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Title: Magic and religion as a performative theological unity : the apotropaic 'Ritual of Overthrowing Apophis'
Author: Kousoulis, Panagiotis I.
Awarding Body: University of Liverpool
Current Institution: University of Liverpool
Date of Award: 1999
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Magical and ritual sources have characteristically tended to be under-exploited in the study of ancient societies, partly for the superficial inaccessibility, and partly because they have been disreputably attractive to the "esoteric" fringe. They do, however, provide a number of detailed insights into the relations between real and practical behaviour and the ideological/religious explanations of that behaviour. The present study attempts to investigate this interrelation between magical and religious phenomena, having as starting point and basic theme of reference the apotropaic "Ritual of Overthrowing Apophis, " the enemy of Re par excellence. It will examine the function and mechanisms of the ritual from its first appearance in the funerary liturgies of the Middle Kingdom until its acquisition of a complete cultic character within the broader religious environment of the Ptolemaic temples of Edfu and Dendera. The presentation of the available material cannot reach completeness. The present study does not claim to be a integral philological investigation of either the complex nature of the serpentine enemy of the sun god or of the ritual texts referring to his conflict with Re and his final expulsion. Rather, carefully selected texts concerning the Apophis ritual are used as a trigger for re-examining certain areas and aspects of cultic phenomena where religion and magic reaches a "theological, " performative unity. Techniques that are common in both systems, such as the magician's acting and speaking as god ("divine speech"), the enumeration of the human bodily parts that are ascribed to particular deities ("lists"), erasure of names and mutilation of images (damnatio memoria), should be analysed and re-evaluated under this new perspective. Questions concerning the notion of hk3 itself, should also be considered: was hk3 considered to pre-exist as the archetype creative force, or was it a human invention to explain the unexplained and to control and repel hostile forces beyond its nature, or was it a personification of the power of ritual? Such a methodological approach to Egyptian magic will lead into a stage where the main point of reference will be the anthropology and sacred praxis of hk3, rather than a random compilation of superstitions and popular beliefs.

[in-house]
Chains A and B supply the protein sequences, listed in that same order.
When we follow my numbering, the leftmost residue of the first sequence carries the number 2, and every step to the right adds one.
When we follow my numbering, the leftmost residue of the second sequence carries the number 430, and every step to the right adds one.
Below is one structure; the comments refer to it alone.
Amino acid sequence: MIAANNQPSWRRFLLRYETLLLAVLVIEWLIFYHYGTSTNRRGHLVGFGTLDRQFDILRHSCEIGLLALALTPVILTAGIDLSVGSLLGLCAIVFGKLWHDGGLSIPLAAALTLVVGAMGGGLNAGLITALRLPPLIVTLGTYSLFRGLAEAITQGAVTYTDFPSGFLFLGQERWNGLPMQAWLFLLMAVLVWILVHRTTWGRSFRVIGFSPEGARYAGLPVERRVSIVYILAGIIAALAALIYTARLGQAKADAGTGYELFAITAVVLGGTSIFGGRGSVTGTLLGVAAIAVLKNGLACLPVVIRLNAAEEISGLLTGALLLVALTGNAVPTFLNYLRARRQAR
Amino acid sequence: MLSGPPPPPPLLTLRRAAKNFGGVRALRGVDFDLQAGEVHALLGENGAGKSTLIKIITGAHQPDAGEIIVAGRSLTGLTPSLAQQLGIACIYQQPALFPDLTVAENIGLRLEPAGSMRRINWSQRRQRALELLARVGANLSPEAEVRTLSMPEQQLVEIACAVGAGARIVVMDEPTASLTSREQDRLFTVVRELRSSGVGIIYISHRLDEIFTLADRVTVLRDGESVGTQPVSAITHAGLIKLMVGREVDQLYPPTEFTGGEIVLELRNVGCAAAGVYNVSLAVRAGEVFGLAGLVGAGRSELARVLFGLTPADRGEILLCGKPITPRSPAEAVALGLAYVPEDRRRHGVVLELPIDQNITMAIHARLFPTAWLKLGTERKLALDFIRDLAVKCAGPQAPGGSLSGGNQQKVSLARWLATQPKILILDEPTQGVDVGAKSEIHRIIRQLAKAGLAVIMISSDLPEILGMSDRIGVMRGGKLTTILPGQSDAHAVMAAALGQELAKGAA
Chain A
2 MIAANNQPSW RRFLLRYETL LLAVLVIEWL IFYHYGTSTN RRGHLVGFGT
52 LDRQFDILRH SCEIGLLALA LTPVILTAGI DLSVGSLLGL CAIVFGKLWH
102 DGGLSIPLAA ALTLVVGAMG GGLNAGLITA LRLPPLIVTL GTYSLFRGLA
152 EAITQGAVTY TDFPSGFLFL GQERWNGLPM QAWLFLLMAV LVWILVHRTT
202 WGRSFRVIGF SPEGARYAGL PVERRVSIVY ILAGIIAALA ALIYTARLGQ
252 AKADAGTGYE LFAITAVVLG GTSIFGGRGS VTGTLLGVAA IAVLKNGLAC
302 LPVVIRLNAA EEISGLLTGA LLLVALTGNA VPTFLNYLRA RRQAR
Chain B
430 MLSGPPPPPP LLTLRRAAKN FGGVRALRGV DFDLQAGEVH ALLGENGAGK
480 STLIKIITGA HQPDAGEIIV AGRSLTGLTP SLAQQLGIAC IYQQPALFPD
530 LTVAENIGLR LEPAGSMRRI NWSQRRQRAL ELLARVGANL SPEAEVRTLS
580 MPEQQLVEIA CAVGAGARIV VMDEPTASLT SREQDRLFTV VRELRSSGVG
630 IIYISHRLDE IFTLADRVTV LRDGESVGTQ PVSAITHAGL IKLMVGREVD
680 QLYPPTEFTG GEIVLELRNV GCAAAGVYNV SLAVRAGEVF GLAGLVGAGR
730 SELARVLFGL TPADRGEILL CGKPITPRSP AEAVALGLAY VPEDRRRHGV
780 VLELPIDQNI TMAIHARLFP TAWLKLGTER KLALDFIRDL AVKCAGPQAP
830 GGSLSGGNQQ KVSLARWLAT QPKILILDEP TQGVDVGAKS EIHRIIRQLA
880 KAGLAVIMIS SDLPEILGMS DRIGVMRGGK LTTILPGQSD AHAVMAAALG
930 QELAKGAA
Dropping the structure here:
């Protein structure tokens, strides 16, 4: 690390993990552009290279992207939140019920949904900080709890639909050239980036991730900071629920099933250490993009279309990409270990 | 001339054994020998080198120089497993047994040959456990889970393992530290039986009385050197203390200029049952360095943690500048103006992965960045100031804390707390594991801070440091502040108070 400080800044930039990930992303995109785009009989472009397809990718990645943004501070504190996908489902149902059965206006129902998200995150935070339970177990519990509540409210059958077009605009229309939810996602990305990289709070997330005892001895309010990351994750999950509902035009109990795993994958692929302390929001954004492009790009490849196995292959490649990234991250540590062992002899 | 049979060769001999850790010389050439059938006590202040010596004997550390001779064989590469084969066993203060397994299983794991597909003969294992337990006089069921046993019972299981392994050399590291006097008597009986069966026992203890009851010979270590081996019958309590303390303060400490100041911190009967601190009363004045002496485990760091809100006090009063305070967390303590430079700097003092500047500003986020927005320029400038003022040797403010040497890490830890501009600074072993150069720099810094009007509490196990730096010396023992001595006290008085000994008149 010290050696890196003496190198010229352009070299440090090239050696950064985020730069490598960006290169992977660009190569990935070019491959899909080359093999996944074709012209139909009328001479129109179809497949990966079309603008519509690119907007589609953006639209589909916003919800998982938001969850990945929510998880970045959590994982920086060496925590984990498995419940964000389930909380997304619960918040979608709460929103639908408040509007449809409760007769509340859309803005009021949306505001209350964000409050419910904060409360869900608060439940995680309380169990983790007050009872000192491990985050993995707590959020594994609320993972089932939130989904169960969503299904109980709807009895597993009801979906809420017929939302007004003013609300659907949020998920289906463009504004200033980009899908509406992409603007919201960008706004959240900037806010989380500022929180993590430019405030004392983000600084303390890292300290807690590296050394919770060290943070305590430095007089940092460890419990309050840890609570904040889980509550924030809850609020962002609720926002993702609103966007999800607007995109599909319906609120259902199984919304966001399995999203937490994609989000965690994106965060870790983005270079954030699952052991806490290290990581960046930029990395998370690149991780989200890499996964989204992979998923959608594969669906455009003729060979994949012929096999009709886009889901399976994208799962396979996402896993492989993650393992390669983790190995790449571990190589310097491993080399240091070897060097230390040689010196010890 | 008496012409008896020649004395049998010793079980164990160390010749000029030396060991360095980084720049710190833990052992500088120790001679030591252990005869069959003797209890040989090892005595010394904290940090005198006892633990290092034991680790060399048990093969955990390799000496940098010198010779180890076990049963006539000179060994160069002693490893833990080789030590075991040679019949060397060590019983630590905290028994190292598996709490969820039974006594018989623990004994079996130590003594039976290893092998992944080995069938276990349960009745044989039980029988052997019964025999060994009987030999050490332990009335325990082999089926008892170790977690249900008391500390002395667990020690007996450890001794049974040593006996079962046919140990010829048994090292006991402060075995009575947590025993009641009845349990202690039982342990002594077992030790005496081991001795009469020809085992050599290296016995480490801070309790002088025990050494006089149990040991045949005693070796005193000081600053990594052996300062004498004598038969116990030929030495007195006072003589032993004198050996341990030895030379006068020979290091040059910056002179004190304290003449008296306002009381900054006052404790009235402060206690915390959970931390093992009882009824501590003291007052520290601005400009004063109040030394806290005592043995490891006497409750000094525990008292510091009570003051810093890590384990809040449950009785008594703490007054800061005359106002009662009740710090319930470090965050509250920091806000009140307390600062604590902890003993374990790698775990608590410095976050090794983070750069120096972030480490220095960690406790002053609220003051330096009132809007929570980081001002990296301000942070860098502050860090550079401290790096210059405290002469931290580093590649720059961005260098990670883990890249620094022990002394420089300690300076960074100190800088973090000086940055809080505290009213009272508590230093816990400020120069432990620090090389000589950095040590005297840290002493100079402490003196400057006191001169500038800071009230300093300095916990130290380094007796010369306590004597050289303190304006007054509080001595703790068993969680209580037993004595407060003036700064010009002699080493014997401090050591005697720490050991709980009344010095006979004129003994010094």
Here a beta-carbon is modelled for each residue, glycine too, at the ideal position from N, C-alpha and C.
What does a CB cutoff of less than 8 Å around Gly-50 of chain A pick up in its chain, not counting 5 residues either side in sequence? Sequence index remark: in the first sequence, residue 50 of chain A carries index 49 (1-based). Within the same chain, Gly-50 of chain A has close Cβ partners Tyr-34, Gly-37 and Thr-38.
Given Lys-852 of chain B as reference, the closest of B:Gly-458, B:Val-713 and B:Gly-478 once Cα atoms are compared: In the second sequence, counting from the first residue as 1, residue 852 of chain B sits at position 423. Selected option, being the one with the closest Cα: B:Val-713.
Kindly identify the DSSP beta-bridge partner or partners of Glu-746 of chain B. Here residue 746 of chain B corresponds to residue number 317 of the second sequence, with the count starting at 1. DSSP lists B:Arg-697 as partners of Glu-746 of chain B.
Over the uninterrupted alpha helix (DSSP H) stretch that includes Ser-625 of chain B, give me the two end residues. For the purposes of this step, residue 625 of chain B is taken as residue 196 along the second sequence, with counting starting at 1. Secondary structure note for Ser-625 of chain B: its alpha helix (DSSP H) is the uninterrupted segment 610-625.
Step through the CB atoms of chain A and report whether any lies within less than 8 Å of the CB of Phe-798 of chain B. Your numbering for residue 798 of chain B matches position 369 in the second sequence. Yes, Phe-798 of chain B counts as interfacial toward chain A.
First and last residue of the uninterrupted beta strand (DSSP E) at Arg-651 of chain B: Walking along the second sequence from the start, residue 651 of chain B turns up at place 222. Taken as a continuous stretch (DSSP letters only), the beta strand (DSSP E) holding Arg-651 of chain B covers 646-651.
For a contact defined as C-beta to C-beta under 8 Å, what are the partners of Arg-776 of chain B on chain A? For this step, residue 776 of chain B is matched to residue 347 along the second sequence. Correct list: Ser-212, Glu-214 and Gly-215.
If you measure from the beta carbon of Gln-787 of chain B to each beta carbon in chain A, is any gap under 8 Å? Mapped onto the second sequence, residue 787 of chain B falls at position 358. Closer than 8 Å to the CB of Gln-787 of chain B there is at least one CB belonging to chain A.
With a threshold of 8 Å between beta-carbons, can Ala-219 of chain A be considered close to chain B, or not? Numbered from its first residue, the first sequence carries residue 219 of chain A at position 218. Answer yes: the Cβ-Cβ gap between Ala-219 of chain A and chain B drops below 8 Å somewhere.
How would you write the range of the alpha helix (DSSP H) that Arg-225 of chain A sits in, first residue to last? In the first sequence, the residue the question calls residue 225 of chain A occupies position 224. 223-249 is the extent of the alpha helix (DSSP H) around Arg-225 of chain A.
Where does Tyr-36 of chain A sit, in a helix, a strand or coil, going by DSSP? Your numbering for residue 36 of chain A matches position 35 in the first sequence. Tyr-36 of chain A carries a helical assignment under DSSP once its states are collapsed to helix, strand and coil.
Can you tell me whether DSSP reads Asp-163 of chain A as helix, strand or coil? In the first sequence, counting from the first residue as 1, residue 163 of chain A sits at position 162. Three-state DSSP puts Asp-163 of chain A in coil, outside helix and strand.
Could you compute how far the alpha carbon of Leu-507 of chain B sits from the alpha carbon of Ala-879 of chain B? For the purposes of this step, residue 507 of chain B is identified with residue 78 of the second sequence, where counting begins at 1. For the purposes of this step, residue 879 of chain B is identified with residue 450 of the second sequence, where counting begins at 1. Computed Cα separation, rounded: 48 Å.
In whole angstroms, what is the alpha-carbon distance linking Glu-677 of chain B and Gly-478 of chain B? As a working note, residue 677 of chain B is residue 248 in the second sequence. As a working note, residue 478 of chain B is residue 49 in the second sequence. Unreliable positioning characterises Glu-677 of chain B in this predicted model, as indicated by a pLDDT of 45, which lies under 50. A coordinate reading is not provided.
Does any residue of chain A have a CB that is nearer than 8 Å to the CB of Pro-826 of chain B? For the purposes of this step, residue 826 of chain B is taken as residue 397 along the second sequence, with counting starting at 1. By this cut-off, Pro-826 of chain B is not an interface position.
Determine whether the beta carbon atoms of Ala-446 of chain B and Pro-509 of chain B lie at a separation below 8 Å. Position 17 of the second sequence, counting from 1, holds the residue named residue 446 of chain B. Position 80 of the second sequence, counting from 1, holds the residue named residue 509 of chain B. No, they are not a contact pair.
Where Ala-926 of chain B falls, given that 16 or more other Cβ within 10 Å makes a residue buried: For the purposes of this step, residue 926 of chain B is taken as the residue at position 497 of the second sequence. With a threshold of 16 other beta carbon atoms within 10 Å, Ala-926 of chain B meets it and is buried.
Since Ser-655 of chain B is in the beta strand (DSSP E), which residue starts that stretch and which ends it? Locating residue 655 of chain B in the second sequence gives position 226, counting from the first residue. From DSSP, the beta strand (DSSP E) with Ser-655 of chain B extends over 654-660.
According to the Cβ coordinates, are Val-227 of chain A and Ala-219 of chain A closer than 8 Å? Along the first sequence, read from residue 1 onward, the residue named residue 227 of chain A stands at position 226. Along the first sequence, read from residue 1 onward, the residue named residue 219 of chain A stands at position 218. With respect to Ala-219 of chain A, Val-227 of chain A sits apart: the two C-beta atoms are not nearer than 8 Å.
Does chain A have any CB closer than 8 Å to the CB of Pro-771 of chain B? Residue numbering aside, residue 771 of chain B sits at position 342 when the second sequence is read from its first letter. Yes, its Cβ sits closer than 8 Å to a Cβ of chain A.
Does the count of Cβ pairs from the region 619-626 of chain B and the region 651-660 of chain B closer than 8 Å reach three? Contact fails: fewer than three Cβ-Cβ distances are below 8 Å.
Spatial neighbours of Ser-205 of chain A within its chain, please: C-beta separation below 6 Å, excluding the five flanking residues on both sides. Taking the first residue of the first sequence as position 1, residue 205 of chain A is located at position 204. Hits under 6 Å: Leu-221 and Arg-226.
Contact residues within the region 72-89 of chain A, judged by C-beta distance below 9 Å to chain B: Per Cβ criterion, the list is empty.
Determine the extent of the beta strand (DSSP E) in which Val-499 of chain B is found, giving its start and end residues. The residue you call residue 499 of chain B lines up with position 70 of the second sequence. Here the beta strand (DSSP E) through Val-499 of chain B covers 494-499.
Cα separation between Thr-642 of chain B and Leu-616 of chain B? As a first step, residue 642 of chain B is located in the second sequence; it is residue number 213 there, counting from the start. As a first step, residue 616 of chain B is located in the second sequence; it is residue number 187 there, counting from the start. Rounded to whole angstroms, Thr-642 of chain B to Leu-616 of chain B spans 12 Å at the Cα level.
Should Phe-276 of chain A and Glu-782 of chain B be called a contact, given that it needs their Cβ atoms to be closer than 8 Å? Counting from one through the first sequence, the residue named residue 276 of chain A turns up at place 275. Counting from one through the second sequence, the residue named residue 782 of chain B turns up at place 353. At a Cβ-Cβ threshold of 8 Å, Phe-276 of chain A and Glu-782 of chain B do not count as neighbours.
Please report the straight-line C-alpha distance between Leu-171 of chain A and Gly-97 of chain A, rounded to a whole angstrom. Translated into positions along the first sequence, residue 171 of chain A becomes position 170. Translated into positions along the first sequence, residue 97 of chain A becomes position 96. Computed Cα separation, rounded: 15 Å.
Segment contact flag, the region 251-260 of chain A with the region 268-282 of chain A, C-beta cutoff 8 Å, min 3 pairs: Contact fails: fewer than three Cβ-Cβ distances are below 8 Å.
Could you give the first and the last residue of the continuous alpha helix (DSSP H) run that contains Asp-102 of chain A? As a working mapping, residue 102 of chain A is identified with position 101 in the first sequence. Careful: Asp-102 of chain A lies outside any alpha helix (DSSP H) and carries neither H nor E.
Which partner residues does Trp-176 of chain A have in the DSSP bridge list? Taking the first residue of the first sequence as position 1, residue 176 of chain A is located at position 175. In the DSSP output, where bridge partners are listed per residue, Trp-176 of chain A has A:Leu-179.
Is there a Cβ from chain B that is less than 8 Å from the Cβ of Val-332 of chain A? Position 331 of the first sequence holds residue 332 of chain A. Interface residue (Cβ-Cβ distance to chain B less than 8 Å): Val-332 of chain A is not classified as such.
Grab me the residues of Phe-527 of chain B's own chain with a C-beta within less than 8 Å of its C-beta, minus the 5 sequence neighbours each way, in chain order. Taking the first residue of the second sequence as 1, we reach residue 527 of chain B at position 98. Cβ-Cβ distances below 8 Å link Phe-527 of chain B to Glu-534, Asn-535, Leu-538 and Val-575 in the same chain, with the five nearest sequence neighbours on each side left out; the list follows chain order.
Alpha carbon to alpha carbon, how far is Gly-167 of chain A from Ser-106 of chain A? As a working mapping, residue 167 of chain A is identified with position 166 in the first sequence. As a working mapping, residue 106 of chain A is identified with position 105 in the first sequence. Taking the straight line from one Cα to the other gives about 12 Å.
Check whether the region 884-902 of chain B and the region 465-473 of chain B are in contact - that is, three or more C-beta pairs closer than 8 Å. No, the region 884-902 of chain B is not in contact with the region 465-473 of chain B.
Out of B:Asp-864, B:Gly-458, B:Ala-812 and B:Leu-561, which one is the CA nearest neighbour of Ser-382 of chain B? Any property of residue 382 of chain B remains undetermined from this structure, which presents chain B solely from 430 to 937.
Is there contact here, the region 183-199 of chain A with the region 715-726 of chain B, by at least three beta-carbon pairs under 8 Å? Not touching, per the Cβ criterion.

Supervisor: Not available Sponsor: Not available
Qualification Name: Thesis (Ph.D.) Qualification Level: Doctoral
EThOS ID:  DOI: Not available